Most customers cannot afford to purchase a system in cash. However, Orb is limited in the number of customers it can finance because it only has so much working capital.
To close this gap, Orb is developing a new business model. The company now sells solar products through agents at banks and microfinance institutions. These partners handle the consumer financing, helping Orb grow at a faster pace.
USAID support has helped Orb put a stronger branch network in place. Damian Miller, Orb’s CEO, explained, “Our main reason for doing that was we wanted to get closer to our bank and MFI [microfinance institutions] partners and show them that we have that local presence.” The branch network makes it easier to work with local banks and to connect with customers. Today, Orb has nine branches in Kenya alone, and the company has reached 10,000 households.
Greenlight Planet Uganda, Nigeria
In 2005, T. Patrick Walsh, an engineering student from the University of Illinois, traveled to India with Engineers Without Borders. While he was there, he learned that many people used kerosene lamps, but wanted a cheaper, safer source of light. Kerosene lamps produce harmful fumes and are expensive to run, with many rural households spending large proportions of their income on fuel. So Walsh designed and sold his first solar lantern prototype. When it proved successful, he roped in two other students and Greenlight Planet was born.
A decade later, the company has sold more than 7 million solar lamps under the Sun King brand. It has also diversified into new products like solar-powered radios, fans and a solar TV. It is now pioneering a pay-as-you-go plan, making its products accessible to low-income customers. All along, USAID has been an important partner, supporting Greenlight Planet’s expansion into new markets.
“The best part is knowing that we’re making a useful contribution in the lives of so many people worldwide. Indeed, we feel that solar power can scale even further, powering whole communities, even industry, and we’d like to play a part in that,” says Amitesh Sinha, the company’s CFO.
Fenix Uganda, Zambia
Fenix is a household solar company serving more than 120,000 homes in Uganda. With USAID support, it is now expanding into Zambia, an underserved market. The company, co-founded by two former Apple employees, provides a basic solar kit that is modular and can be expanded as customer needs grow, providing options to power phones, lights, radios, televisions and more.
“We’re trying to build this energy ladder where customers can come in and there’s always going to be an ultra-affordable option that they can start with. Customers can then qualify for accessories over time and unlock additional battery power,” says Caitlin Burton, Fenix’s director of business development.
Fenix co-brands its products with MTN, Uganda’s leading mobile network operator that seeks to boost the use of mobile money among its customers. “When we came into Uganda, we didn’t realize we would partner with a telco,” says Burton. But leveraging MTN’s existing customer base has helped Fenix get a strong start in a new country. Fenix is now testing that approach in Zambia, where it has a partnership agreement with MTN, and will begin selling in the new market late this summer.
Shinbone Labs Benin, Ghana
With a small grant from USAID, Shinbone is piloting extremely low-cost solar home systems in underserved Benin. As it pilots its new offerings, it is paying close attention to how new products perform and listening carefully to its customers.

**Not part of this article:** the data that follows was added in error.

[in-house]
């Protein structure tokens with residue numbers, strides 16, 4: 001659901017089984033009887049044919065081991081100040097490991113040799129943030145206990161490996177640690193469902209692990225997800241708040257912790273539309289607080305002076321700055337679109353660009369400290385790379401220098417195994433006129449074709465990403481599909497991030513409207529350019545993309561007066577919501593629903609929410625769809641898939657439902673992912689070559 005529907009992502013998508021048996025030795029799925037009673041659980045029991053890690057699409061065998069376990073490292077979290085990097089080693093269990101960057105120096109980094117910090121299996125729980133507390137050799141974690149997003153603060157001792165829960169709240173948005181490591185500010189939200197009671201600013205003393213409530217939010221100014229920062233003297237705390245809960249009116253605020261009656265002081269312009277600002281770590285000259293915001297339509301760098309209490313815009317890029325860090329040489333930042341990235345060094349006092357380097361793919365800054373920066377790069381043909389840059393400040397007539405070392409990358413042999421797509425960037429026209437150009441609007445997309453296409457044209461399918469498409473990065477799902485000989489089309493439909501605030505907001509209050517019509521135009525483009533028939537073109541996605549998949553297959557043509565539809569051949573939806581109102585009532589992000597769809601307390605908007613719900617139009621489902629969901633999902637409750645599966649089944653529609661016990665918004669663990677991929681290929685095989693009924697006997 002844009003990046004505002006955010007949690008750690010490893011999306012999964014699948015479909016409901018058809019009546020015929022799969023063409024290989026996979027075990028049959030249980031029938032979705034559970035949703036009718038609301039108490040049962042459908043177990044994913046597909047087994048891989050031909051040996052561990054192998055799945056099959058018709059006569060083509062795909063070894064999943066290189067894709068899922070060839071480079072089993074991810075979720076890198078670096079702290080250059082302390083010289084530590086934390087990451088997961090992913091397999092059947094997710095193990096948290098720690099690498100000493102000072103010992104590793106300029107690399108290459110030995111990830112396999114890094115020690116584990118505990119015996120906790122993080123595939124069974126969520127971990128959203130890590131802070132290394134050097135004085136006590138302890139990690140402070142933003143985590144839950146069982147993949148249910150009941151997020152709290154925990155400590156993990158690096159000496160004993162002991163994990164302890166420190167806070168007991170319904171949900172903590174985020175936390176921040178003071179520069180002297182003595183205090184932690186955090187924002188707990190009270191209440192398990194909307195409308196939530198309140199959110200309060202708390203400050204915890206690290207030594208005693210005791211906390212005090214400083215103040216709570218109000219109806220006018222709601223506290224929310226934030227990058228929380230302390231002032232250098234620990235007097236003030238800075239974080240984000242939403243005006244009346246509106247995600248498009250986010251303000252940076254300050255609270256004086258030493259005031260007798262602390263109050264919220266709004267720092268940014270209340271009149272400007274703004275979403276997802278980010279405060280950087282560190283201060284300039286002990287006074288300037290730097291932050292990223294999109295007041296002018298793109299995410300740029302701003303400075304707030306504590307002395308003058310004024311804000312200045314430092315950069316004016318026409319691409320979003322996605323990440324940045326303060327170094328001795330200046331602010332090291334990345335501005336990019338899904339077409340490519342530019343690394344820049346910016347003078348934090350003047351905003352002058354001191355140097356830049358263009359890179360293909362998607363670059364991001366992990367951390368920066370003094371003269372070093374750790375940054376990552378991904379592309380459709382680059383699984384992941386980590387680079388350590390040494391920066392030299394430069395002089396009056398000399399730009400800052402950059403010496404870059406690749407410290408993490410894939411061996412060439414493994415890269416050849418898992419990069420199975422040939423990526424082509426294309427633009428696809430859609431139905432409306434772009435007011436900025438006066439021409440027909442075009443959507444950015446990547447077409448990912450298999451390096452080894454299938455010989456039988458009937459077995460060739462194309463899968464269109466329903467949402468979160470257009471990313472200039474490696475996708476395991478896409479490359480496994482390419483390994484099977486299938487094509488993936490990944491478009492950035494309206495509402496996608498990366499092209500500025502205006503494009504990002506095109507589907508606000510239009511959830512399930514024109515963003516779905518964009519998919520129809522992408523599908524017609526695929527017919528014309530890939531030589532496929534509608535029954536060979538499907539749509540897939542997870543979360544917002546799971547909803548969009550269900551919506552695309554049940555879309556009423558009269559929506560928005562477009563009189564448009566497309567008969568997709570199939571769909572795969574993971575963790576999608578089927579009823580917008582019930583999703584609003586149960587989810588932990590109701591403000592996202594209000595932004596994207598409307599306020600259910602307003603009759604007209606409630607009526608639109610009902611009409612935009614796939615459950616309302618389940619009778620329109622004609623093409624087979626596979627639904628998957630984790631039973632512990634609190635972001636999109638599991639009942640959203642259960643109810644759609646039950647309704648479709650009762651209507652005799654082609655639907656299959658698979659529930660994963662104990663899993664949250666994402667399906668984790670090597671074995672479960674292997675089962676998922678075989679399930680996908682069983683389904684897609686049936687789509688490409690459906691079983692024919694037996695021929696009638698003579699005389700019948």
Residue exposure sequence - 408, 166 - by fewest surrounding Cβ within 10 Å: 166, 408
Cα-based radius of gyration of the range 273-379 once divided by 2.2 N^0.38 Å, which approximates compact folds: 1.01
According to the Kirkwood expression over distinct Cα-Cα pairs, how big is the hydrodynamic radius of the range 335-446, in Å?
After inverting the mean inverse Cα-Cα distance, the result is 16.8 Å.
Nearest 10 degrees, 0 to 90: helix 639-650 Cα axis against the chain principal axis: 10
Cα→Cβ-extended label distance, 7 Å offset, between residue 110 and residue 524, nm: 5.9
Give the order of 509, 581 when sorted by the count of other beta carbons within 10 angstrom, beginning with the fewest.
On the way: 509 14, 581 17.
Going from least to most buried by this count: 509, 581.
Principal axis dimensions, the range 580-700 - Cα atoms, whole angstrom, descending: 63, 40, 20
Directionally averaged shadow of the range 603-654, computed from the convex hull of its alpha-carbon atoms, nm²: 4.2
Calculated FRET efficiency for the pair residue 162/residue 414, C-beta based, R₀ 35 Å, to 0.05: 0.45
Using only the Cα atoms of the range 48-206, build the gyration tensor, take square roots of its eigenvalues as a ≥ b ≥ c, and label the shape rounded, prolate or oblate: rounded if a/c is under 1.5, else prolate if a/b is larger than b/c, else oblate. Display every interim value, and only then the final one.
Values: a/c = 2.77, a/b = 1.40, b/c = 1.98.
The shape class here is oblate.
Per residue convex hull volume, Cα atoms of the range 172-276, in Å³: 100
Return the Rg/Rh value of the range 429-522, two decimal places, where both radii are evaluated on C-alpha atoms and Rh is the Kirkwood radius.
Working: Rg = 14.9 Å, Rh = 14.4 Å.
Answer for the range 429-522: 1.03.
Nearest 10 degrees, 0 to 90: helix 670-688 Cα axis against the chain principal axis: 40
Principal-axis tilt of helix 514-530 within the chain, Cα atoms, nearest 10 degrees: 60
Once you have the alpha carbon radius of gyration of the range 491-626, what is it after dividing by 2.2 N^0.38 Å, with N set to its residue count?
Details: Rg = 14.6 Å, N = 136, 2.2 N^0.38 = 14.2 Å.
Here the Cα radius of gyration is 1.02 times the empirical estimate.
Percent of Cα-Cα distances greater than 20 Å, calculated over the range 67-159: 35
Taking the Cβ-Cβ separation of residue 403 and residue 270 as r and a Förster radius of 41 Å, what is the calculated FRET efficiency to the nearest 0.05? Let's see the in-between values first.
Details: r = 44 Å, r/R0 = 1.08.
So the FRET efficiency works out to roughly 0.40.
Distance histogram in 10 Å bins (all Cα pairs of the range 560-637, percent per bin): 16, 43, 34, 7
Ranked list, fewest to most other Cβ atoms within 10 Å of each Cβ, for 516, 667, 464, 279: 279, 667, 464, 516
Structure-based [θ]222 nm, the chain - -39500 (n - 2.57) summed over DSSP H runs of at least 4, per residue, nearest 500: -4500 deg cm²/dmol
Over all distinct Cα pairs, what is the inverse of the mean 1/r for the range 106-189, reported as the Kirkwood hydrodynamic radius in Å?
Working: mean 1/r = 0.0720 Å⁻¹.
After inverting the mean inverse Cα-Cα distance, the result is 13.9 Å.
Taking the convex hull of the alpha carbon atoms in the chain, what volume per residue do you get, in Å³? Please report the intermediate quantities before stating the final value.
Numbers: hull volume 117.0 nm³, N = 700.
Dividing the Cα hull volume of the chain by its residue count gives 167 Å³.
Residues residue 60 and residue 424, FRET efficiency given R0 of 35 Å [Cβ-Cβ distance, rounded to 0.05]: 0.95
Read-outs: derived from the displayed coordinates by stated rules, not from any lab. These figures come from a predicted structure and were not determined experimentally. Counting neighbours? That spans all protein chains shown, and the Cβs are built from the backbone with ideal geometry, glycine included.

“The first thing we measure is the impact the system is having on the client’s life,” says Olou Koucoi, the company’s CEO. “We go back to each client and see how they’re using the system, how we’re making impact, whether they are satisfied.” By January of this year, the company had installed 125 systems. Shinbone surveys all of its customers at installation, and surveys them again after one, three and six months.
Shinbone’s customer focus seems to be paying off. Based on survey feedback, it recently offered a solar home system package with a solar television and satellite box to increase sales. In addition, its products now power two mayors’ offices and three hospitals in rural Benin. All of these sales were generated by office and hospital employees who had used Shinbone products in their homes and recommended them to their employers.
Village Energy Uganda
Village Energy is strengthening the solar energy market in rural Uganda by training a network of technicians to sell and repair solar products. It was designed to fill a big gap in the market: As solar energy companies expanded into Uganda, many lacked strong distribution and servicing models. Broken systems and long wait times for repairs led to customer dissatisfaction, reducing trust in solar products. This slowed the growth of the entire off-grid energy market.
Village Energy is now focused on building a strong last-mile sales and service network. With support from USAID, it is expanding its training program for young men and women to be service and sales technicians. Jay Patel, the company’s co-founder, joined Village Energy after five years at Google. He hopes to expand the company further into East Africa because “Our model and the problem we’re trying to solve is not unique to Uganda.”
A Transforming Light
When Margaret Muchina lit up her food cart, it changed everything. But she is just one of many people whose lives have been transformed by energy access. Every day, nearly 250,000 people get electricity for the first time.
Still, in sub-Saharan Africa, 609 million people live without electricity. In some countries, that means that less than 5 percent of the population has electricity access.
New technologies, growing investor interest, and smart companies are helping to close this gap every day. To learn how to partner with Scaling Off-Grid Energy to keep this momentum going, email email@example.com or visit www.scalingoffgrid.org.
About the Author
Sarah Bieber is the director of the Scaling Off-Grid Energy Grand Challenge for Development. This story was originally published in the September/October issue of FrontLines, USAID’s bimonthly online magazine.